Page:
Wine enthusiasts should not expect a third consecutive spectacular vintage from the winemakers of Bordeaux, it has been suggested.
The 2009 and 2010 vintages were widely hailed as two of the best produced in over a generation. This, in turn, led to high prices in the en primeur release - especially in for the First Growth wines such as Chateau Lafite Rothschild, Chateau Latour and Chateau Margaux.
However, Bordeaux winemakers have endured a difficult growing season, with hot weather coming unusually early, followed by cooler, wetter summer months.
Denise Medrano, chief blogger for lovethatwine.co.uk, says that Bordeaux wine producers have described the harvest as "interesting", which actually gives plenty of insight into the quality of the 2011 vintage.
"Translation: The Bordelais always say it's a fantastic harvest so if they're saying it's interesting, it doesn't bode well," she explained.
"In my opinion, 2011 isn't going to be a great year but will just have to wait until en primeur in March."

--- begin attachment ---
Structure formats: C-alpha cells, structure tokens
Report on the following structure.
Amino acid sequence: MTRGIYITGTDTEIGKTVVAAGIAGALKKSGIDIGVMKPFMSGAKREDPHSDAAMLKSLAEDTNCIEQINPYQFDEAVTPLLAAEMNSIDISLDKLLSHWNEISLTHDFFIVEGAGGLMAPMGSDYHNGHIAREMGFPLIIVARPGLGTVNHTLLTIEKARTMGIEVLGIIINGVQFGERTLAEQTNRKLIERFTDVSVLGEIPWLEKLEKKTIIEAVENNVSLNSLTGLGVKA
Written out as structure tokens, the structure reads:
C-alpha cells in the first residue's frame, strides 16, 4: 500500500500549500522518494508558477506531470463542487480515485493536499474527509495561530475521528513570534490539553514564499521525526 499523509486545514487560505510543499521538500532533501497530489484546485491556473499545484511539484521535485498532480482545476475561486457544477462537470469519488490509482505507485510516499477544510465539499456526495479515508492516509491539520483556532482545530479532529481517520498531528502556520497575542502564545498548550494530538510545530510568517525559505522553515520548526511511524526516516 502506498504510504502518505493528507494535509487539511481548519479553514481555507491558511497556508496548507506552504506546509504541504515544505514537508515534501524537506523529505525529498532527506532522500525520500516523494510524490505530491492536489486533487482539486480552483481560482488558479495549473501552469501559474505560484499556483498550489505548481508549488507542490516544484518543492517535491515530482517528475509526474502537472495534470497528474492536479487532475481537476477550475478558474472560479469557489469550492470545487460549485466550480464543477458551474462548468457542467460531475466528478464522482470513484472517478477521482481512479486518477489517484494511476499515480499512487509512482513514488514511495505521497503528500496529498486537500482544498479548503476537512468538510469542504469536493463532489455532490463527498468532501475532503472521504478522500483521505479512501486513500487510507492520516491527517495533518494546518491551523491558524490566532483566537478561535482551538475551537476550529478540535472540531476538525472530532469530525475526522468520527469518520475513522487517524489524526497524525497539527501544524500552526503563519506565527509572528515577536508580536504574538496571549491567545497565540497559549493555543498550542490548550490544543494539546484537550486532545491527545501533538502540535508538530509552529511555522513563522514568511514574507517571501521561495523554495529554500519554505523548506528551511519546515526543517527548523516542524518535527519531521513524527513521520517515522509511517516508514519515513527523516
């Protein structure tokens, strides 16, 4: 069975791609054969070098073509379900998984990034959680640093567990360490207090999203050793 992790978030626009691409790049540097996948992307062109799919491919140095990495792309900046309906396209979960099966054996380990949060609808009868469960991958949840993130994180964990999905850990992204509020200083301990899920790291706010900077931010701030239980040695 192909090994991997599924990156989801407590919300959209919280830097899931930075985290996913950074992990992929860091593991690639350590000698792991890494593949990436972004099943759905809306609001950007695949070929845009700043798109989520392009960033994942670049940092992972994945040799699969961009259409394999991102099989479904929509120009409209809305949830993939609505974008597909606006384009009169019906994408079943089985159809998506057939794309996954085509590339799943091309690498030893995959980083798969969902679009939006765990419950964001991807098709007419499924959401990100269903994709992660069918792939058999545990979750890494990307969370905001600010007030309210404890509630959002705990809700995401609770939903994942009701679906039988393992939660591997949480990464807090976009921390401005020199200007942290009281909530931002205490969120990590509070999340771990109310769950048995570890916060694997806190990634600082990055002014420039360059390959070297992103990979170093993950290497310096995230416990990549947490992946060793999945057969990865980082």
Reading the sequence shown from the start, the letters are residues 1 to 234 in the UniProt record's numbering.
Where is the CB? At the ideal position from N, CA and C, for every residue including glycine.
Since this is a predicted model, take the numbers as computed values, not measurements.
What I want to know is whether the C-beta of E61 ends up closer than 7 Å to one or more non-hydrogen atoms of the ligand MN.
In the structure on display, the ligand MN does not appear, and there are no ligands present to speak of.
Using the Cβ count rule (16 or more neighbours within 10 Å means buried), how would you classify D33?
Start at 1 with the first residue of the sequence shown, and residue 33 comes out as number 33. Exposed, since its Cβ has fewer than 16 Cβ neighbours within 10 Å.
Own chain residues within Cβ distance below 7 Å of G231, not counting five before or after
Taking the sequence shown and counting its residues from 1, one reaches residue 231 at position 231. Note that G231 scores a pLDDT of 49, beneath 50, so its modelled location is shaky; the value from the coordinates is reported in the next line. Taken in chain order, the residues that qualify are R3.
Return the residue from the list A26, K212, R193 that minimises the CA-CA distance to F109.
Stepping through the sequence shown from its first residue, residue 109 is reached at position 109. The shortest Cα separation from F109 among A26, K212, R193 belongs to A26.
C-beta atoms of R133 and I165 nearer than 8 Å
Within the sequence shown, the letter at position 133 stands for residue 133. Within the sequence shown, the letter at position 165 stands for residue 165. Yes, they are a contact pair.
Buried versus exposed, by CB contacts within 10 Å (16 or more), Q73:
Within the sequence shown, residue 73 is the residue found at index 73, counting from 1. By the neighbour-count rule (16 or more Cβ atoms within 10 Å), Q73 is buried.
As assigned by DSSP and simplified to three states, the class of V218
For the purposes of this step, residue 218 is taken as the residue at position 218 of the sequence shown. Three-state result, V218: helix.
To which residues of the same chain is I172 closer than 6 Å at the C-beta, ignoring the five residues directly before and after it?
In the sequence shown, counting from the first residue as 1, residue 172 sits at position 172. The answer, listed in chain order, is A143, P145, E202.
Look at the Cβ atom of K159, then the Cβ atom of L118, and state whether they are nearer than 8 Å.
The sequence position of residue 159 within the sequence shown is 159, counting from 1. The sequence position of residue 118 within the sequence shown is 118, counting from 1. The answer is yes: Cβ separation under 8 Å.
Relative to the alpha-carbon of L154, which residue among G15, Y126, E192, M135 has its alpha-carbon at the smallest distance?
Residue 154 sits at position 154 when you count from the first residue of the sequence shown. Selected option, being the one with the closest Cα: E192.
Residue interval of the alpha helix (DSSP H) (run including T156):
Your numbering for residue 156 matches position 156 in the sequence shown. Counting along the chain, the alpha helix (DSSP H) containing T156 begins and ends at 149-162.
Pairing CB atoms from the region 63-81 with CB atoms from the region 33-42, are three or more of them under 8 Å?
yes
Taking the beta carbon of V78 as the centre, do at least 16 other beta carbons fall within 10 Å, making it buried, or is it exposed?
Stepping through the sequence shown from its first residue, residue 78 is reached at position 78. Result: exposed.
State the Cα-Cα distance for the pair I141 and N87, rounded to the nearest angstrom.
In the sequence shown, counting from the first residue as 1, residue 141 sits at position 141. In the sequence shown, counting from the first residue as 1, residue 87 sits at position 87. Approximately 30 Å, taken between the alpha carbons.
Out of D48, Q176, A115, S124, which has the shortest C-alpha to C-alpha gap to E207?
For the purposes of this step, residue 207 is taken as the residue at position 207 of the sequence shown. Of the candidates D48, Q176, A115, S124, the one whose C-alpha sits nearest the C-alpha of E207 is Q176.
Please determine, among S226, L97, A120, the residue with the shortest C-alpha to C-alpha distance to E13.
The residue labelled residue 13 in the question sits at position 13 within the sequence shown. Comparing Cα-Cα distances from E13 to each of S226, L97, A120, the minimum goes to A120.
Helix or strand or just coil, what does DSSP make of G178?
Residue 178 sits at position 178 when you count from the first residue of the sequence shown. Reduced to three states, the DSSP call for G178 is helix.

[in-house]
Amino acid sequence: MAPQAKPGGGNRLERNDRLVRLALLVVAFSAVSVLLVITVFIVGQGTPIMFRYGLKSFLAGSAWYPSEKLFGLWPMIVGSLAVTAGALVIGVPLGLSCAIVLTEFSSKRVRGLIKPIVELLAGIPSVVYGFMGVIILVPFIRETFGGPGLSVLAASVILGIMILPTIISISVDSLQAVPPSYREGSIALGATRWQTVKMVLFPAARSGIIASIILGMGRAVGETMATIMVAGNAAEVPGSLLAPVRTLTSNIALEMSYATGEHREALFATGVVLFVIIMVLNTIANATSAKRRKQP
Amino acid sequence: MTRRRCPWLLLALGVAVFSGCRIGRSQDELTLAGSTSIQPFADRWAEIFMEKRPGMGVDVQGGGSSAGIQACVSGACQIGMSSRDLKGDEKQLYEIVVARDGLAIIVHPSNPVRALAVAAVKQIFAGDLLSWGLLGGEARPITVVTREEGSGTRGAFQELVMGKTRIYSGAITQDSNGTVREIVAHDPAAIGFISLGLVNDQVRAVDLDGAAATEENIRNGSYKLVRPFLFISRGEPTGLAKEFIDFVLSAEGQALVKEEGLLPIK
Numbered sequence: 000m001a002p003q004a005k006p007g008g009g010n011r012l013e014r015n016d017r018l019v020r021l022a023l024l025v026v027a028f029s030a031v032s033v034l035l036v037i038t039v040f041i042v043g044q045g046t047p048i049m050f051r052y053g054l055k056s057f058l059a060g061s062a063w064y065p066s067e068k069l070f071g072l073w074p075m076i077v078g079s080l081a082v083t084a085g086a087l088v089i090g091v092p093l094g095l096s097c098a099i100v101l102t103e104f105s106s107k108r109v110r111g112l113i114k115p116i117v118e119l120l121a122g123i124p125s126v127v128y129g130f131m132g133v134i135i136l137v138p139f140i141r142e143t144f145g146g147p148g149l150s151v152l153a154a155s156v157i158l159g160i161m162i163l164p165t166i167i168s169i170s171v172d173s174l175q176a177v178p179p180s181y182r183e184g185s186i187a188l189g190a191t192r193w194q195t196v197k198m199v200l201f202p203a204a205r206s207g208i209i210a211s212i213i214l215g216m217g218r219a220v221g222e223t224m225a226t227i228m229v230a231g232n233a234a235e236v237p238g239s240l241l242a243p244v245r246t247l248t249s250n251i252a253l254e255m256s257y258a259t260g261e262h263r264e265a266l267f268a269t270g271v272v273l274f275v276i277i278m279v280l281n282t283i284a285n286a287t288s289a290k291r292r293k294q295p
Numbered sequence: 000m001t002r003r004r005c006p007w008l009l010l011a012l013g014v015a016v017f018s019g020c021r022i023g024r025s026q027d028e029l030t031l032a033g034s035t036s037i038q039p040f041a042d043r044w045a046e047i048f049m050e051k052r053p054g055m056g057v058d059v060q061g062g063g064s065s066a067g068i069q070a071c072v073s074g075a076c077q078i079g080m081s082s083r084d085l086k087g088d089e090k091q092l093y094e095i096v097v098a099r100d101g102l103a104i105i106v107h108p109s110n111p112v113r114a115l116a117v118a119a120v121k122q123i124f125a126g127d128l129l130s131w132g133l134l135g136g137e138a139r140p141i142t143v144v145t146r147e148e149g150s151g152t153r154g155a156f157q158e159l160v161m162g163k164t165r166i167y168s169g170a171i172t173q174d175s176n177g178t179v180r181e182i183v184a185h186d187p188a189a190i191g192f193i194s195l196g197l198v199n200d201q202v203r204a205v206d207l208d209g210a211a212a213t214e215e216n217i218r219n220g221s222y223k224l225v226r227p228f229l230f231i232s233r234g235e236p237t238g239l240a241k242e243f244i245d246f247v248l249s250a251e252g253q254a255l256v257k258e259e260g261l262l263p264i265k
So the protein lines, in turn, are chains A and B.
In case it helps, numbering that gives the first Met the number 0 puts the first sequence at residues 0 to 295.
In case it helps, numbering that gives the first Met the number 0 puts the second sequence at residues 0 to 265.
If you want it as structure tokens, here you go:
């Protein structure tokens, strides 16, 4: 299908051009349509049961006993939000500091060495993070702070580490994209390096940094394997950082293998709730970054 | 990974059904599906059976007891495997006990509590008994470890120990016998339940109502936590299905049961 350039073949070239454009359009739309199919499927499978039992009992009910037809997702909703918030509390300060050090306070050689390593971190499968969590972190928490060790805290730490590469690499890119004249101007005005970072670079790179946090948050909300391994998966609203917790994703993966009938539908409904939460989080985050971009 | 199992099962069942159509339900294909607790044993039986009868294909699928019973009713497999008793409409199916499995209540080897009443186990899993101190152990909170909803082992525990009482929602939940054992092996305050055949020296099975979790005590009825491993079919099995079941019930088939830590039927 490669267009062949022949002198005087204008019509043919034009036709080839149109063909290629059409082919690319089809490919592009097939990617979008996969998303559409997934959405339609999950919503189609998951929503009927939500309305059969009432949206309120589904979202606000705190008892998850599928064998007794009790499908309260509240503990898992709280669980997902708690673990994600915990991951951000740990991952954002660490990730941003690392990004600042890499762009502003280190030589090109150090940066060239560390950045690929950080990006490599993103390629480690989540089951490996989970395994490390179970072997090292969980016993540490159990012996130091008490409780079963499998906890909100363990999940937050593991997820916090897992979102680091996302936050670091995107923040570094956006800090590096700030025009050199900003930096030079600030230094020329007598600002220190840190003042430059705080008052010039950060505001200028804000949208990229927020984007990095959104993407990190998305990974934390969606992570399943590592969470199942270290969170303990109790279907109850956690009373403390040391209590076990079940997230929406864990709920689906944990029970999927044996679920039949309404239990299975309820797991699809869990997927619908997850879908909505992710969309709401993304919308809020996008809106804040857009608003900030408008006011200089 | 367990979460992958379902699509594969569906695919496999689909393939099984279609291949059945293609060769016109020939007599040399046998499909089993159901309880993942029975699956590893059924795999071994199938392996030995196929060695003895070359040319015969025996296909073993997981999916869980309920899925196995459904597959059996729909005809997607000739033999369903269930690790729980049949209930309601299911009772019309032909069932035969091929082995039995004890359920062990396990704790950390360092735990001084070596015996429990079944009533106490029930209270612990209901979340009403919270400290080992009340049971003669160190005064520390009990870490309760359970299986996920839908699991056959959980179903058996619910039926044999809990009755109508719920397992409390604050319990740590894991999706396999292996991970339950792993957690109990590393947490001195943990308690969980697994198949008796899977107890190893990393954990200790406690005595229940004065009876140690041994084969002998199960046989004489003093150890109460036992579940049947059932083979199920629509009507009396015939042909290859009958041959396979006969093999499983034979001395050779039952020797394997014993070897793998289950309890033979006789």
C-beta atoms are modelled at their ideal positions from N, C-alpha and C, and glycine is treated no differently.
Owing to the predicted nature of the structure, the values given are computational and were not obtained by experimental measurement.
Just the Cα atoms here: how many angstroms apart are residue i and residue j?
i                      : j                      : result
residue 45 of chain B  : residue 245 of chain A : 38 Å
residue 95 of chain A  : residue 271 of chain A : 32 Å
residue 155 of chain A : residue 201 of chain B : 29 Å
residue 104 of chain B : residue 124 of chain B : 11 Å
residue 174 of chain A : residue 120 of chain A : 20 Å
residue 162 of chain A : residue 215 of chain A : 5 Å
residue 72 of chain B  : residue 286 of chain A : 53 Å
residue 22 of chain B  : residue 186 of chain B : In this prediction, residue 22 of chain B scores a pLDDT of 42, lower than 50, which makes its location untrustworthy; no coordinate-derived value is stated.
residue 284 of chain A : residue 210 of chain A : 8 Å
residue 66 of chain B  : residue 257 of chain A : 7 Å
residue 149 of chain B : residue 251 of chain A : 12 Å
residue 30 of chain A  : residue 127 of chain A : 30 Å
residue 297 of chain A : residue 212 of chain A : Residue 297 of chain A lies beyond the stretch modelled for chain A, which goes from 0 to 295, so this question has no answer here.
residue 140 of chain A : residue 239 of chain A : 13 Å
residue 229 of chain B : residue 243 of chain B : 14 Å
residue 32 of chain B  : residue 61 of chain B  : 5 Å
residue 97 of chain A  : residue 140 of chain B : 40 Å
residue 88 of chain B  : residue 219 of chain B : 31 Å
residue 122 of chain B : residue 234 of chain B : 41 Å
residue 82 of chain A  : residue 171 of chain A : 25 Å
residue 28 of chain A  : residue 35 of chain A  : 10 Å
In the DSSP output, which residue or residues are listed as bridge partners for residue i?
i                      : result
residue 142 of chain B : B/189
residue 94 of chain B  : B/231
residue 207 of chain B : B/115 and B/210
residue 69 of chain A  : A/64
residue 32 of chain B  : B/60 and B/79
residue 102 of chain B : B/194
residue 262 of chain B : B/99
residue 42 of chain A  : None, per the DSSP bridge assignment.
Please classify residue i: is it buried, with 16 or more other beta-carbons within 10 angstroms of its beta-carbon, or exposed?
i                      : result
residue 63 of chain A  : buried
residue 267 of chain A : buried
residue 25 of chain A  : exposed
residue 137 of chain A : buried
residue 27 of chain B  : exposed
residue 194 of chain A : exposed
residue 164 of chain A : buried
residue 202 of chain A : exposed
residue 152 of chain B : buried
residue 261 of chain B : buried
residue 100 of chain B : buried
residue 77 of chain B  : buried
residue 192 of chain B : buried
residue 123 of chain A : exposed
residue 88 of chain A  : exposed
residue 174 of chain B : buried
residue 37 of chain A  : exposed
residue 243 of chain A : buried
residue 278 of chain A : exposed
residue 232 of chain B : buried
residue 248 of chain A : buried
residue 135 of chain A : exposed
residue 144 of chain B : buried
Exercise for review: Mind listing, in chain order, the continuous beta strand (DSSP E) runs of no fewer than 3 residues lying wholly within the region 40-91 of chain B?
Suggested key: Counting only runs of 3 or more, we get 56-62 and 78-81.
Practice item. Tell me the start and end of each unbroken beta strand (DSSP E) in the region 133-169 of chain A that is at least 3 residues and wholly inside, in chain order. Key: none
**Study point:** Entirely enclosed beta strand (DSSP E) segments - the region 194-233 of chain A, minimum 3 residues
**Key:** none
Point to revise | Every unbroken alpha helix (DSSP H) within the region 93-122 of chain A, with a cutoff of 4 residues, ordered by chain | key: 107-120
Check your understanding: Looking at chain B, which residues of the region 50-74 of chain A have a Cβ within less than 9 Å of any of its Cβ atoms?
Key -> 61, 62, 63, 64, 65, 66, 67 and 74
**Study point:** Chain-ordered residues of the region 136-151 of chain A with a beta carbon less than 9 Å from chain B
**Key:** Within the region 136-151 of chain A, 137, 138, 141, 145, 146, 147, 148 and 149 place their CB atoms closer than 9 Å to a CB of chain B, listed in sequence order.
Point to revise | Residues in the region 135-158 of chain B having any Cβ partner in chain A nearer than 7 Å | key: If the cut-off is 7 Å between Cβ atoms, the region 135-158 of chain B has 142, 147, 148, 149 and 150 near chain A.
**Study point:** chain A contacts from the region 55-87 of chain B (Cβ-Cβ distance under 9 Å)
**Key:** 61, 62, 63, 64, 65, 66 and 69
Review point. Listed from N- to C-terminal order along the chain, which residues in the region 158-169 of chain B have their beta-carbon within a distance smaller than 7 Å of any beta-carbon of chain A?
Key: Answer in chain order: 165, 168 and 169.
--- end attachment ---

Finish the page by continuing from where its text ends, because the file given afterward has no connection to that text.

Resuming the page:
A year of more modest wines could therefore result in lower prices, Ms Medrano suggests. So while the overall quality may not match the produce of 2009 or 2010, there may be some high-quality wines available at attractive prices.
However, Pieter Rosenthal of corkandbottle.co.uk speculates that increasing demand from China has skewed the market.
"For years now the trade has been calling for a bit more reason when setting prices but with new markets opening up in Asia this has largely been ignored by the Bordelais, at least at the top level," he said.
Ms Medrano believes that Chinese drinkers are interested primarily in wines that have status, such as the First Growths.
It is therefore possible that some quality 2011 wines from lesser-known Bordeaux vineyards will not be affected by the extra premium and be available at lower prices.
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